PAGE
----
For a largely wordless documentary that follows sheep as they are herded up and down a mountain range, Sweetgrass has earned no shortage of praise from film critics. The New York Times called it “the first essential movie of this young year” — though that doesn’t make Sweetgrass any easier to watch. Billed as a warts-and-all look at the dying tradition of high-mountain shepherding in the American West, Sweetgrass is a glacially paced documentary that plods through footage that most filmmakers would consign to the cutting-room floor.
Four-minute silent takes of sheep staring at the camera? Check. Stark, clinical photography of lamb carcasses cut up by wolves and bears? Definitely. Cinéma vérité scenes of sheepherders snoring, urinating, and crying through calls home on cellphones? By the truckful.
Though it’s not made explicit, the film is an account of the last group of herders to drive their sheep up Montana’s Beartooth Mountains in 2001. Set in an epic, sprawling landscape, it follows the men on a 150-mile summertime drive through jagged ravines, dealing with attacks on their sheep by wolves and bears. It’s clear the filmmakers’ sympathies are with the sheep, showing them in long takes that may strain even the attention spans of art-house patrons.
Trained as anthropologists, husbandand-wife filmmakers Ilisa Barbash and Lucien Castaing-Taylor tried to make a very different type of documentary that seeks “to put humans in a much larger, ecological matrix.” In an interview with Pasatiempo, Castaing-Taylor said, “We kind of repress our animality in our daily lives. We like to think we are not animals.”
The film is also a not-so-subtle jab at the storytelling conventions of documentaries. “I hate documentaries. I can’t watch most of them. They are so predictable. They set up some victim group, and we liberal spectators are supposed to come up with solutions. There’s some tension, some plot; we go away feeling good,” said Castaing-Taylor.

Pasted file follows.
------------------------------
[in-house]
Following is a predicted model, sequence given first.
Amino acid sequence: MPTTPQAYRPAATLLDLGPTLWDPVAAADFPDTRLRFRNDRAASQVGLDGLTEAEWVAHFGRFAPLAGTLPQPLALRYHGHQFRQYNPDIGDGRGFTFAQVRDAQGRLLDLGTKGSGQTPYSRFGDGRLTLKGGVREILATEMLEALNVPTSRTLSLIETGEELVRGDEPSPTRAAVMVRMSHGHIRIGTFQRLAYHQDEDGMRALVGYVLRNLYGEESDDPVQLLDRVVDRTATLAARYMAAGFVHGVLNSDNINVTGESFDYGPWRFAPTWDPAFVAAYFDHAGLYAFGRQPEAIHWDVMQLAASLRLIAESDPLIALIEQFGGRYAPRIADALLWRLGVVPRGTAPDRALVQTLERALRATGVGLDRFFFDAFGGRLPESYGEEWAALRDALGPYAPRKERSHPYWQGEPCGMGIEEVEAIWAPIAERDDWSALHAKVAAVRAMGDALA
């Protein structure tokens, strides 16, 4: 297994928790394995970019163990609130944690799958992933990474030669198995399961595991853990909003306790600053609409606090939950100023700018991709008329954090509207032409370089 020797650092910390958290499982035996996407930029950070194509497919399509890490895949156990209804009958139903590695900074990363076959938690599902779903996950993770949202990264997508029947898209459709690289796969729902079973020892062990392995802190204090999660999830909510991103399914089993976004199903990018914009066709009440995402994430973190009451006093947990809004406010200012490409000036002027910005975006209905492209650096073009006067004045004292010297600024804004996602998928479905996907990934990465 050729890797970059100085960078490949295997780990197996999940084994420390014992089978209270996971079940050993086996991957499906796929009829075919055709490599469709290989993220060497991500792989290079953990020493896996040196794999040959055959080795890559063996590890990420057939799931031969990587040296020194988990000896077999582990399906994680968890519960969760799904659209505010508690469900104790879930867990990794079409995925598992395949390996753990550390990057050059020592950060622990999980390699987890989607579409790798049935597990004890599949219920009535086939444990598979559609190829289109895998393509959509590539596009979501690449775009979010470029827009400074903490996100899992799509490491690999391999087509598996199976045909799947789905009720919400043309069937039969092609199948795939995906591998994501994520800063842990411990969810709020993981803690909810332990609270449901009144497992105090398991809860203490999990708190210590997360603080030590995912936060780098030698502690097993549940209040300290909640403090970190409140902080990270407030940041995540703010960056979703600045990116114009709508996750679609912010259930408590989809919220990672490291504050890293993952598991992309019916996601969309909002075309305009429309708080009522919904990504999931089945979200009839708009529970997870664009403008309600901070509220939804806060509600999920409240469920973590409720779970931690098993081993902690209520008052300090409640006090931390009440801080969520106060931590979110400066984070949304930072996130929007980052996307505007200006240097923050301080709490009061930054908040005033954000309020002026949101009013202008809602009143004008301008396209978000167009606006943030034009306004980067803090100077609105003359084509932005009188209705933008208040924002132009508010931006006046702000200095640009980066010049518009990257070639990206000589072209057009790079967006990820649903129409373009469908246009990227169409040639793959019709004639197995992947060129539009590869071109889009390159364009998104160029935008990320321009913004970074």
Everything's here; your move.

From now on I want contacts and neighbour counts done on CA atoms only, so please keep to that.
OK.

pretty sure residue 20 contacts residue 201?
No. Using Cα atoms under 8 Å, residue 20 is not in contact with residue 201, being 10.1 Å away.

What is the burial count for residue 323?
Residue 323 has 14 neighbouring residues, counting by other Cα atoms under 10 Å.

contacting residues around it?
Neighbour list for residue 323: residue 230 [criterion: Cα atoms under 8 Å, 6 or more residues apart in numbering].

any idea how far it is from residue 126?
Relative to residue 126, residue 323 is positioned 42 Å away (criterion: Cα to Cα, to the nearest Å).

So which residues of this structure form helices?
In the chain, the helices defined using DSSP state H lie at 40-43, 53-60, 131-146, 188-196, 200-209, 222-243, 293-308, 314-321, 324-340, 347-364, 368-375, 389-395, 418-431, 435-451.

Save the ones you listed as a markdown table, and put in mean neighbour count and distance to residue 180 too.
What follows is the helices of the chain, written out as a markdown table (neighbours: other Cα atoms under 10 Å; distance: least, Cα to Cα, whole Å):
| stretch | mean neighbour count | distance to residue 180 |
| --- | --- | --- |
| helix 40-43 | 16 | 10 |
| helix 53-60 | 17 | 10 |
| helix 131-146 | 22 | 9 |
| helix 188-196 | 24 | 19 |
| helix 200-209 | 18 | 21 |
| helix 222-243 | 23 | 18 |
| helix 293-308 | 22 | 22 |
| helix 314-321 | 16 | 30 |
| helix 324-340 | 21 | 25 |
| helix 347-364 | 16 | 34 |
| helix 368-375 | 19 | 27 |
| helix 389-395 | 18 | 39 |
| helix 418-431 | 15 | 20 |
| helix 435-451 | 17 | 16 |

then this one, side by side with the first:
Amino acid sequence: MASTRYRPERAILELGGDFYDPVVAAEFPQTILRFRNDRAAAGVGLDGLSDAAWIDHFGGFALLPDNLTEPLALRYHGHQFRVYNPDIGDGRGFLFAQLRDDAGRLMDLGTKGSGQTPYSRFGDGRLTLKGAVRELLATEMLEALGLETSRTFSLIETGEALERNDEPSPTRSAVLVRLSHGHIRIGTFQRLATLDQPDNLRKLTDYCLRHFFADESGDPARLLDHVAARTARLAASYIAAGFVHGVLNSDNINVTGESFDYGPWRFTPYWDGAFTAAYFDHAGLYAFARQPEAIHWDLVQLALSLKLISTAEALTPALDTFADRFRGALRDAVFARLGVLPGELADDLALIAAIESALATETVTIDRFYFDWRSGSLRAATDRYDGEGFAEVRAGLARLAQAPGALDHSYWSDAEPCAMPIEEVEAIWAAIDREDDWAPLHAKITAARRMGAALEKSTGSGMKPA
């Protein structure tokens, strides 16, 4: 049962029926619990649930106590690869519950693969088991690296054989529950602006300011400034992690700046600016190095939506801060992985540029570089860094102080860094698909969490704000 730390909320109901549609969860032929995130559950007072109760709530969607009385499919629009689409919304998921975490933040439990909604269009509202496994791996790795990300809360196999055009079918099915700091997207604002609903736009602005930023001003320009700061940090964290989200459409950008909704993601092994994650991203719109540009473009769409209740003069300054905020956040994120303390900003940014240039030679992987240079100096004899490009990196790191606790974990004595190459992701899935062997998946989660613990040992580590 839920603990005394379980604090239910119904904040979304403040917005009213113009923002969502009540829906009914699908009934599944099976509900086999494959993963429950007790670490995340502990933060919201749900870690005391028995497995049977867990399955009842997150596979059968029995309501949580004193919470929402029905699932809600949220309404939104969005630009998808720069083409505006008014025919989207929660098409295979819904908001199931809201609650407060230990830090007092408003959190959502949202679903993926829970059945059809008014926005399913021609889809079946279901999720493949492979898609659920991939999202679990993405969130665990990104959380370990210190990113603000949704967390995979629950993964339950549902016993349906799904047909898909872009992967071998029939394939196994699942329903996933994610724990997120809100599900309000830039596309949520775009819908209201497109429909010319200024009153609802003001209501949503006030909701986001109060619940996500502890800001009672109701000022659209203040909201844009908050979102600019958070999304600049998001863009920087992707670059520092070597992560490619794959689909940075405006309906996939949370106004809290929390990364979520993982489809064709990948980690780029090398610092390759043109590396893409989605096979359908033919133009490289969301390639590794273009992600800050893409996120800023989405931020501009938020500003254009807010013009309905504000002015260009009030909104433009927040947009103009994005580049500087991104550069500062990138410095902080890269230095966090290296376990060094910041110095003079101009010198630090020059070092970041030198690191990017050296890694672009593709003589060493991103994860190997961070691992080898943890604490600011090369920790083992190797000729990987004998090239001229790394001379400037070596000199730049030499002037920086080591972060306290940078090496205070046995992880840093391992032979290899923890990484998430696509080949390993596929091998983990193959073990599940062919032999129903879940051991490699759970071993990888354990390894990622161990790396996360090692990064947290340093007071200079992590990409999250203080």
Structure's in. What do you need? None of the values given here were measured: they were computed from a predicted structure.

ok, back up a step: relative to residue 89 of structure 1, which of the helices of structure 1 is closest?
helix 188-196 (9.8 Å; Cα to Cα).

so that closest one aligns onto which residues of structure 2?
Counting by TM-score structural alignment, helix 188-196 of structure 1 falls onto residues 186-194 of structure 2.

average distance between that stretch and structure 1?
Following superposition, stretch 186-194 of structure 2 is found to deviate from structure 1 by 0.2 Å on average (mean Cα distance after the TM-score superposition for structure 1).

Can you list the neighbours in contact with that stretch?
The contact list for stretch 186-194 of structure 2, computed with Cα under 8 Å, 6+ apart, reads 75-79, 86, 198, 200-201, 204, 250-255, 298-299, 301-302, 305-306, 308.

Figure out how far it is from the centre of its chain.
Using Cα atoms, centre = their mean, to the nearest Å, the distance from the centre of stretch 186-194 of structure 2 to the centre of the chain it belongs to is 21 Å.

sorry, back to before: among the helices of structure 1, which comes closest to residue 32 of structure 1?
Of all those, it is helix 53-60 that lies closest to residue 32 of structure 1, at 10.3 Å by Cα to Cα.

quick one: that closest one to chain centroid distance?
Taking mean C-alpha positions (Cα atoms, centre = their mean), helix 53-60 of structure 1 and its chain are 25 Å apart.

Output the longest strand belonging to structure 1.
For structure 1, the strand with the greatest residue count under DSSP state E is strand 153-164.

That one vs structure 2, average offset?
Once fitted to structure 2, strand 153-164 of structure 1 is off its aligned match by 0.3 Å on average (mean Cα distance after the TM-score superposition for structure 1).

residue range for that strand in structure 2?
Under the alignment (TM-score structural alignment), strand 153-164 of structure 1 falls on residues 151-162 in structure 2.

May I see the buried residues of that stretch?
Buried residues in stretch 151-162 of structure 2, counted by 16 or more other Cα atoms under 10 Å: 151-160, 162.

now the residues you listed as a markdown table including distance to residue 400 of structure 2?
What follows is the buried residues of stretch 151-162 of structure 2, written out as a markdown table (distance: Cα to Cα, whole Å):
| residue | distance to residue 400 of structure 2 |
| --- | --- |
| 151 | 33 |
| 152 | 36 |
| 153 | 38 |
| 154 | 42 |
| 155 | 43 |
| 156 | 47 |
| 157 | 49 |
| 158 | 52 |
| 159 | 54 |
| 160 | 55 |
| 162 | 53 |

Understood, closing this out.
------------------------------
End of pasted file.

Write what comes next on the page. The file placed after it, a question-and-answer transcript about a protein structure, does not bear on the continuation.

According to the filmmakers, the owner of the sheep herd solicited the help of a New Yorker who owned a nearby ranch to film the dying days of the sheep drive. That New York dude rancher brought Barbash and Castaing-Taylor into the mix, and what resulted is light years away from anything Ken Burns produces.
Sweetgrass works against the grain of most documentaries, abandoning narration and even the most rudimentary outlines of a plot in favor of raw footage that goes largely unexplained. In the film’s opening scenes, sheep are grabbed and sheared by wranglers, who communicate in grunts. With only a few words of explanation, the coat of a dead lamb is cut and stretched across another lamb so the mother will raise it as its own. The lack of voices, text, or even context is bewildering, an effect that the filmmakers say parallels how we come to grips with the unknown in real life. “We wanted people to muddle though the struggle and make sense of it on their own,” Castaing-Taylor said.
In practice, what this means for the viewer is that, with one or two notable exceptions, they get to hear humans speak about as often as the sheep do. There is no Morgan Freeman voice-over lending grandeur and dignity to the march of the sheep across mountains. Instead, the film’s narrative vehicle is familiar to anyone who was taught to swim by being thrown into a pool. Figure it out or sink. “We don’t live life with a voice-over commentary,” Castaing-Taylor said. “The documentary always privileges people. It seems tied to superficial engagement with people, their daily woes — there’s all these structures. There must be some sort of problem and then a resolution at the end.”
If there is a climax to Sweetgrass, it comes more than halfway through the film, when one of the herders breaks down after the sheep head the wrong way up a gully. Beginning with the immortal phrase, “You are as worthless as tits on a bull hog,” the scene builds to a one-man Greek chorus of profanity that even Tony Soprano could not top. In an entirely unprintable monologue, the cowboy proceeds to assail the sheeps’ virtue, sexuality, decency, and fitness to live on Earth. As the camera pans to the jagged crags of the Beartooth Mountains, the sublime and the profane are joined in one moment that makes straining through an hour’s worth of lumbering sheep almost redeemable. “Sweetgrass” opens Friday, May 7, at The Screen, College of Santa Fe, 1600 St. Michael’s Drive. Director Lucien Castaing-Taylor hosts a Q & A following the screenings on May 7 and Saturday, May 8. Tickets are $8 to $9.50; call 473-6494.